Welcome back to Med School Monday!
Last week I posted an interview with my husband about the second week of medical school. Feel free to go read it. Jeff's so cute and humble about his hard work. This week I wanted to share some tips for how to stay close to your medical student spouse.
Jeff heard at one point that becoming a doctor; I.e., going through med school, residency, fellowship, etc. can make or break a relationship. We resolved to let becoming a doctor make our relationship. While that goal was established before he even took the MCAT, we are closer now than ever. We truly are! Because of this, I want to share four fundamentals that are helping this couple out, but first a gentle disclaimer:
This post is not to discount legitimate and sad testimonials. I am a part of a few doctor's wife groups and I see some pretty discouraging posts every day. I believe that we will have many hard years ahead and the struggles may continue even once Jeff is a doctor. Additionally, my husband and I are equally engaged in giving our marriage everything we've got. My husband is amazing and that makes all the difference.
1. M A K E Y O U R S P O U S E ' S N E E D S A P R I O R I T Y
I love talking. I could talk all day. I especially love talking to Jeff. He is the Calvin Coolidge type and I speak enough for three of us. This is something worth sacrificing, and believe you me when I say that's a struggle.
I know that my husband needs undistracted study time every day (probably why he spends so much time on campus). I make this a priority. I do my best to distract myself so I don't lay on our bed and tell him everything going on in my head.
My husband also appreciates an early bedtime. I don't. I like staying up. Nevertheless, I try to make sure he at least goes to bed by 10:30 instead of talking and keeping him up.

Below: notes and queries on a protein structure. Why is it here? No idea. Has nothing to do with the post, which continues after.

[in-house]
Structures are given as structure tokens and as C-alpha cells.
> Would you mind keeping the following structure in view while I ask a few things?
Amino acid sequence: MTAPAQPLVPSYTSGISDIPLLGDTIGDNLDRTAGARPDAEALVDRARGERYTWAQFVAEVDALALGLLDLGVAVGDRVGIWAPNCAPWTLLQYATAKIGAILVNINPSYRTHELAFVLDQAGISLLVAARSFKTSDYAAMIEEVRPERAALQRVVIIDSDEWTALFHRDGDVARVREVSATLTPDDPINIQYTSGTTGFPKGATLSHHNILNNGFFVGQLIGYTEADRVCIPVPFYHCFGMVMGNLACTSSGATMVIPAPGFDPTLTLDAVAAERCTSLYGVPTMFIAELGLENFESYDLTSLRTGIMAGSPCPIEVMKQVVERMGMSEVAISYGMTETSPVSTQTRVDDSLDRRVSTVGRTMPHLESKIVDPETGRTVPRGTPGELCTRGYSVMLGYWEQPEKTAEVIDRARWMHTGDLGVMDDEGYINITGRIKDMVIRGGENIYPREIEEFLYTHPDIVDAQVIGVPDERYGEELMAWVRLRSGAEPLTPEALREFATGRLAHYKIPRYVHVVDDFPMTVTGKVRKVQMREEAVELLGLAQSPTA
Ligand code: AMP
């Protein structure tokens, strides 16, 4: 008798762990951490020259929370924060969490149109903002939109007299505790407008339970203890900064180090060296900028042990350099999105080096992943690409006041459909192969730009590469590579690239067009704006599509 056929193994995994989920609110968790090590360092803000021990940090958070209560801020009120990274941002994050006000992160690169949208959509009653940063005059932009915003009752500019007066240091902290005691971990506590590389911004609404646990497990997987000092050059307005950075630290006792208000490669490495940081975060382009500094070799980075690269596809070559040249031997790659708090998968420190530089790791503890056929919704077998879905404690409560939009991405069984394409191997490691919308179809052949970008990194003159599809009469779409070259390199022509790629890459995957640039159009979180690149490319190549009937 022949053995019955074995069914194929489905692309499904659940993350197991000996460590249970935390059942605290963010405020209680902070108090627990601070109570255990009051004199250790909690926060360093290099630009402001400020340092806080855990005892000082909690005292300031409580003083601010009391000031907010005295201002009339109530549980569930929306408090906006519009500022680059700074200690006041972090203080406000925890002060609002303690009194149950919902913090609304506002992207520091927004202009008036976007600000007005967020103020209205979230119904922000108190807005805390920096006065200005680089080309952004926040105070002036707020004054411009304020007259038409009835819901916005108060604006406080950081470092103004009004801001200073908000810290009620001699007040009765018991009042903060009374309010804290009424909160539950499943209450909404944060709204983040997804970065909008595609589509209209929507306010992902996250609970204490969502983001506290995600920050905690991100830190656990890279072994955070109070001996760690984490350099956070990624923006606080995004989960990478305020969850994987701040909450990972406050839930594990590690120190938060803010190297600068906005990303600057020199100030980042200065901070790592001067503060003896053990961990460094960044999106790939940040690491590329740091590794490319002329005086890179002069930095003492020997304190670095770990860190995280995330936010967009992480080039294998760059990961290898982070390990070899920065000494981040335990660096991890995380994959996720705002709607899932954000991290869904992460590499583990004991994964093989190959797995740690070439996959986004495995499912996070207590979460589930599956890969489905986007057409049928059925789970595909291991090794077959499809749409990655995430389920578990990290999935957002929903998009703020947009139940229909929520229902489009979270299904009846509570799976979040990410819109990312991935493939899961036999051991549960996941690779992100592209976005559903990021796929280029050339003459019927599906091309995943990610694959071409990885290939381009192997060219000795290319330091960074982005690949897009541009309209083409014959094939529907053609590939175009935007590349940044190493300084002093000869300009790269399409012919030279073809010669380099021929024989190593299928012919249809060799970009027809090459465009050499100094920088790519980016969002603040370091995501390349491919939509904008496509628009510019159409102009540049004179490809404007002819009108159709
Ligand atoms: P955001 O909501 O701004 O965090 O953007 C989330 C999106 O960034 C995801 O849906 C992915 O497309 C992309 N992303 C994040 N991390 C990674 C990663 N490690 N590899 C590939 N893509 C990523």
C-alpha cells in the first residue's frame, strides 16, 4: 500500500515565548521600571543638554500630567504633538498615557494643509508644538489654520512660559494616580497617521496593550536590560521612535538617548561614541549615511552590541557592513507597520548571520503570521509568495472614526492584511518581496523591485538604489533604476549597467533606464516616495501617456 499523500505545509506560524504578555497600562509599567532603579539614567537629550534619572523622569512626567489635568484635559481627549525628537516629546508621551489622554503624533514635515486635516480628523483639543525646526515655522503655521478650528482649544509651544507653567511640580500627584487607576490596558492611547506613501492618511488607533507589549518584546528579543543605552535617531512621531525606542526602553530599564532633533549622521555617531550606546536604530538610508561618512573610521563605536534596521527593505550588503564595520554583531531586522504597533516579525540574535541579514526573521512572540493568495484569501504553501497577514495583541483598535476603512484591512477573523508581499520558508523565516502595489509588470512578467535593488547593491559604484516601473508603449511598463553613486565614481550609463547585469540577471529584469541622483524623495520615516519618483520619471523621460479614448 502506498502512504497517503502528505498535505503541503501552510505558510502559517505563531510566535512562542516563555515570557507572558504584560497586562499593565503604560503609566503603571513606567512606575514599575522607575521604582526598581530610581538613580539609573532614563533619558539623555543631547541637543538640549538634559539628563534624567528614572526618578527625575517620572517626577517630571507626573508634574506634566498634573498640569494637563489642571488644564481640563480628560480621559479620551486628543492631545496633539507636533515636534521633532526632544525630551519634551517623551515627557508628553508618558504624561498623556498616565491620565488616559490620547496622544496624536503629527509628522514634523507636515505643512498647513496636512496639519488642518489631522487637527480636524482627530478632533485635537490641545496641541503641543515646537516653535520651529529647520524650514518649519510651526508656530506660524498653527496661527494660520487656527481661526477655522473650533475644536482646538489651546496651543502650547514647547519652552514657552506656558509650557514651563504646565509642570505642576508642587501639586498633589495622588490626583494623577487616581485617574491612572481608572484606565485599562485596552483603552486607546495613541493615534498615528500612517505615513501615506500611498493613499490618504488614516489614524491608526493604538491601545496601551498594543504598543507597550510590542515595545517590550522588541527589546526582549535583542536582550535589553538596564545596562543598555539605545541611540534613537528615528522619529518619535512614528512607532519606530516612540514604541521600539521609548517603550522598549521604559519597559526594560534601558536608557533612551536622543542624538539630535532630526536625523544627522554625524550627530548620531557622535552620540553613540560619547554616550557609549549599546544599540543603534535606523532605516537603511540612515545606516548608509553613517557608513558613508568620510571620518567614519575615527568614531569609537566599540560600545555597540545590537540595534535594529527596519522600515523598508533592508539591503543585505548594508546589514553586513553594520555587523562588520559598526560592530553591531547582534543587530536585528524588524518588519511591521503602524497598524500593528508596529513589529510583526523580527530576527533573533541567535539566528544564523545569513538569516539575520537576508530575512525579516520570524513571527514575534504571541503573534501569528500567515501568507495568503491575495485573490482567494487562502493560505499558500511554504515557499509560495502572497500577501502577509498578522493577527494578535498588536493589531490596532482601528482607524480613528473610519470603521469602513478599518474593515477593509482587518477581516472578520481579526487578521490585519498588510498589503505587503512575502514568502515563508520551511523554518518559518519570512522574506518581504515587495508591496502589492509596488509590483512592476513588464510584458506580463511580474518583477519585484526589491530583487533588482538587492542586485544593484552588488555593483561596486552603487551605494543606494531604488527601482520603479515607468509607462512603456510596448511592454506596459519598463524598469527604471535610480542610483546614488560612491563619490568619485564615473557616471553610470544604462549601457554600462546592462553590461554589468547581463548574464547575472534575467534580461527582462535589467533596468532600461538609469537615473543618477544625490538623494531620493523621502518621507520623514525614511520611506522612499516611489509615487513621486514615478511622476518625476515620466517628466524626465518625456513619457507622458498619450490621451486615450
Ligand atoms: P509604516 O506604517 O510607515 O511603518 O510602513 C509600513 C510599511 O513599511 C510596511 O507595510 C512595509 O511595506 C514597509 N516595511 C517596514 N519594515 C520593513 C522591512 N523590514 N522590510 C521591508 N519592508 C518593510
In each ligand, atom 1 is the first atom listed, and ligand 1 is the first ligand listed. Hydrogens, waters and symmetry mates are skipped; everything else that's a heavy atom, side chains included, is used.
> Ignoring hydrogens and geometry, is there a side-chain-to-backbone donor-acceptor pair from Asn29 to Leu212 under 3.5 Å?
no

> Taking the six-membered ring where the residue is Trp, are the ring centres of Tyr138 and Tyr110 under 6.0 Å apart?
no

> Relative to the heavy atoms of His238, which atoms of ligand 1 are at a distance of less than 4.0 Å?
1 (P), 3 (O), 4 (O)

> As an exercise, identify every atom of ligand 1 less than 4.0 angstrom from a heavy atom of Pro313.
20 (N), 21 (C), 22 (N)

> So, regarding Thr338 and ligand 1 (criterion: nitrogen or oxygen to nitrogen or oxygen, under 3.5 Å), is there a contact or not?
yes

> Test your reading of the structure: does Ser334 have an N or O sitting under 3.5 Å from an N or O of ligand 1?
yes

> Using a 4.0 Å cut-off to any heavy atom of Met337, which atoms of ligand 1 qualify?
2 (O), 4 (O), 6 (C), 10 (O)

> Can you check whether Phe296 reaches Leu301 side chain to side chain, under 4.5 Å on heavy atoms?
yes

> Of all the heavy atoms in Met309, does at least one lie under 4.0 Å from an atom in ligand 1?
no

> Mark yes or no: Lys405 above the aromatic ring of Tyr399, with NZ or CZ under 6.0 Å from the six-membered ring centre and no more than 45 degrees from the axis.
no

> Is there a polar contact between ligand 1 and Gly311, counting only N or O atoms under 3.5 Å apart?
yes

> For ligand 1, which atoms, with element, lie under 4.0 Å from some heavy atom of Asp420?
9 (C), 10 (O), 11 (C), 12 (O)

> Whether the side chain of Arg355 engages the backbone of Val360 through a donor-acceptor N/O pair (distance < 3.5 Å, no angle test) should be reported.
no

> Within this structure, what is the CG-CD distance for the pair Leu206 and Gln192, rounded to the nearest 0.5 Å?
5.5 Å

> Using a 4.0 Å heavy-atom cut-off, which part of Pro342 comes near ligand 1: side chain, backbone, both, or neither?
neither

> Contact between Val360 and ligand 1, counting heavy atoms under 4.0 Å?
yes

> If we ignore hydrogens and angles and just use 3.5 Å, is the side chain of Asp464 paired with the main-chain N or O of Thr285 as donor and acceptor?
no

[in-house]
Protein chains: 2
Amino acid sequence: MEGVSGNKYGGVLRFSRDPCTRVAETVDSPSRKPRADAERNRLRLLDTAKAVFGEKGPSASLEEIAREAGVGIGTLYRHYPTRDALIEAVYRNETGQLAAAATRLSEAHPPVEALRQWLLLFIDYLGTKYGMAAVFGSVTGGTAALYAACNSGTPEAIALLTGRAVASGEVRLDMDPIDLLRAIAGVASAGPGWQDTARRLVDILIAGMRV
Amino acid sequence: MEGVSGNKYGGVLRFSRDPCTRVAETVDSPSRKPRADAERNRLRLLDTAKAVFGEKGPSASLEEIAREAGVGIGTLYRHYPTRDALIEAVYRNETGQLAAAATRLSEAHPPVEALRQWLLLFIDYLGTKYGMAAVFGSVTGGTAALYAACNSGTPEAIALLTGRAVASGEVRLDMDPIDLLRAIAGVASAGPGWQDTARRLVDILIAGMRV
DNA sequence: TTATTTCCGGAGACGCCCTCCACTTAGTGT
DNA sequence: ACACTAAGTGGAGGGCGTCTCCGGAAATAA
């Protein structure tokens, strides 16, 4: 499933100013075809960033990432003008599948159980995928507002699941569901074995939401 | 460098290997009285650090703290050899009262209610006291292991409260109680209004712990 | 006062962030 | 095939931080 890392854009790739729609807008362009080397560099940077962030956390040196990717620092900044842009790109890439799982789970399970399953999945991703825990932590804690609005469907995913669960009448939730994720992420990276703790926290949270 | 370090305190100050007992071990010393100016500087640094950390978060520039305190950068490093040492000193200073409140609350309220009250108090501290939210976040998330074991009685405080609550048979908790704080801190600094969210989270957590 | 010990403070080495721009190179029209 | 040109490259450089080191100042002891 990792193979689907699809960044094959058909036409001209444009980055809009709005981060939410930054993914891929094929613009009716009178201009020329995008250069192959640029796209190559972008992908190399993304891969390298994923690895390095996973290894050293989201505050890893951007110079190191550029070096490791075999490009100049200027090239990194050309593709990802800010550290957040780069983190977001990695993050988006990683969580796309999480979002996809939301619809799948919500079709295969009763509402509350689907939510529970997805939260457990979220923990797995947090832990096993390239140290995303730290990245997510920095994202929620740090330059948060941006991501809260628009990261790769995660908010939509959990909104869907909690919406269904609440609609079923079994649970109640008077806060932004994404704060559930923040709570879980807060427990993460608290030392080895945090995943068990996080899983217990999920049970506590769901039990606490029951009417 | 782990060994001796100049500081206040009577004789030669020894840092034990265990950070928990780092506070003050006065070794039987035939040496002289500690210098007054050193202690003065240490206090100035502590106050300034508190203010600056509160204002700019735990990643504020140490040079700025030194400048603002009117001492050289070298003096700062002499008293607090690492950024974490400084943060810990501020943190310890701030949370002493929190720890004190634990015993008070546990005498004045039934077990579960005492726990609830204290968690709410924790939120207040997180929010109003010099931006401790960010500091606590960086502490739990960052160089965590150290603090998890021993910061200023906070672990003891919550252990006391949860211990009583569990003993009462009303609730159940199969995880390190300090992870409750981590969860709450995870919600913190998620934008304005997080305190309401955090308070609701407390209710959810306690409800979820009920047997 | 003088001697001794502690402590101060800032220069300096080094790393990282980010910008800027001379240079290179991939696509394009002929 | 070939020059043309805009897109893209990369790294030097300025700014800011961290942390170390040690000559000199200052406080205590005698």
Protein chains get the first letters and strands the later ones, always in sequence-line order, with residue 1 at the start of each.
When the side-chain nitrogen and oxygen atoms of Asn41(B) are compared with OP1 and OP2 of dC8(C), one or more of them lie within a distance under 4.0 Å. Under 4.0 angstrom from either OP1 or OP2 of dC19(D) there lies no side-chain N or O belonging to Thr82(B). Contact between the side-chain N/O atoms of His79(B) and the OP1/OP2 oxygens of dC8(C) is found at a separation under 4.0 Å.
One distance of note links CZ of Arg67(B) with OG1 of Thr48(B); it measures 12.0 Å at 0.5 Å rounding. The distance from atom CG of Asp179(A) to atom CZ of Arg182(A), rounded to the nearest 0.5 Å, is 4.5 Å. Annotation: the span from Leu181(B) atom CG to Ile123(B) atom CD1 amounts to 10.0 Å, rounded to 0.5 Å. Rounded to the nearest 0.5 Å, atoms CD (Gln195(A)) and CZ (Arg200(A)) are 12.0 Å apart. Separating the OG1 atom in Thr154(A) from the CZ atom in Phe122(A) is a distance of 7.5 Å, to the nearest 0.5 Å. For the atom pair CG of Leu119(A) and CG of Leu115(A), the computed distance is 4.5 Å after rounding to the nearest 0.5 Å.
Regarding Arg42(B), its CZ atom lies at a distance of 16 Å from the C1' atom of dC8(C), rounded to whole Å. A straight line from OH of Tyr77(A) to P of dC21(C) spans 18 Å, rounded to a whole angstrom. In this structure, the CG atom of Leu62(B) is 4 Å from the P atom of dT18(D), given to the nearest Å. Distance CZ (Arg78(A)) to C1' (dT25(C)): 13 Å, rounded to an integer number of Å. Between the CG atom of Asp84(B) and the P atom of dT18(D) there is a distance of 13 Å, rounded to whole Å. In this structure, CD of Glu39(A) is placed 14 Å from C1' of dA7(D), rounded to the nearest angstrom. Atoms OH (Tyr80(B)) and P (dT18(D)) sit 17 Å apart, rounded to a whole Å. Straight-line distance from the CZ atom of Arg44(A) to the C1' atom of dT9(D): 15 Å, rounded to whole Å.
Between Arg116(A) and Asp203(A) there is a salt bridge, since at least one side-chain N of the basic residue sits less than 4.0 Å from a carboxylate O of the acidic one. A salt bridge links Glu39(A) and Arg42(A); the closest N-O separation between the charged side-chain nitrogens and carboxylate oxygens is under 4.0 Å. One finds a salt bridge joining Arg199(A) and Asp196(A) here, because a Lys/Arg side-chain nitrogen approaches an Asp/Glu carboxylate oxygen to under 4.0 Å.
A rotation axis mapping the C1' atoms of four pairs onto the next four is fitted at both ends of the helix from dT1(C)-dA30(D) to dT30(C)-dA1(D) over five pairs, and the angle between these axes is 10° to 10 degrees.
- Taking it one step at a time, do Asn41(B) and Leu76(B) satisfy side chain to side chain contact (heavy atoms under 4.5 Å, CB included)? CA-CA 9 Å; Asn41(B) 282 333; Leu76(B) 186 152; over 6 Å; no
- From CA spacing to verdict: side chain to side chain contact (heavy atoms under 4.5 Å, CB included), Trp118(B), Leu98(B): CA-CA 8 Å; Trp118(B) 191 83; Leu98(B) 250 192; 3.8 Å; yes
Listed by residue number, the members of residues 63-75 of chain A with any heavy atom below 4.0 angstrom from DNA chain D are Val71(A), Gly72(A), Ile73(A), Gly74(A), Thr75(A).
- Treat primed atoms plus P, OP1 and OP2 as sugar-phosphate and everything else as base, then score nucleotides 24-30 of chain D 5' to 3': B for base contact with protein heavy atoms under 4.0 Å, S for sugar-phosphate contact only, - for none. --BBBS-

Sometimes Jeff has an upcoming test and this means we need to forgo something I want to do. That is okay. These are all okay! It's like I'm investing in our relationship by showing that I see and respect my husband's needs.
2. L E A R N Y O U R S P O U S E ' S L O V E L A N G U A G E S
Have you read Gary Chapman's the Five Love Languages? Okay, that is your first place to start, my friend. When I was in my Family Studies classes at BYU we talked about the five love languages at least once in all the core classes. This is my starting point for improving all my relationships, but especially in our marriage.
Let me lay out our experience with this book:
Jeff ranks Acts of Service towards the top of his love languages. Words of Affirmation is further down his list. This is inverted for me. I love receiving genuine sentiments of appreciation and affection. Jeff loves when I do the dishes for him. Conversely, when I compliment Jeff he feels like I am buttering him up and when Jeff serves me I feel like he's picking up slack. We both feel uncomfortable in those situations, even though we are both treating each other the way we most want to be treated.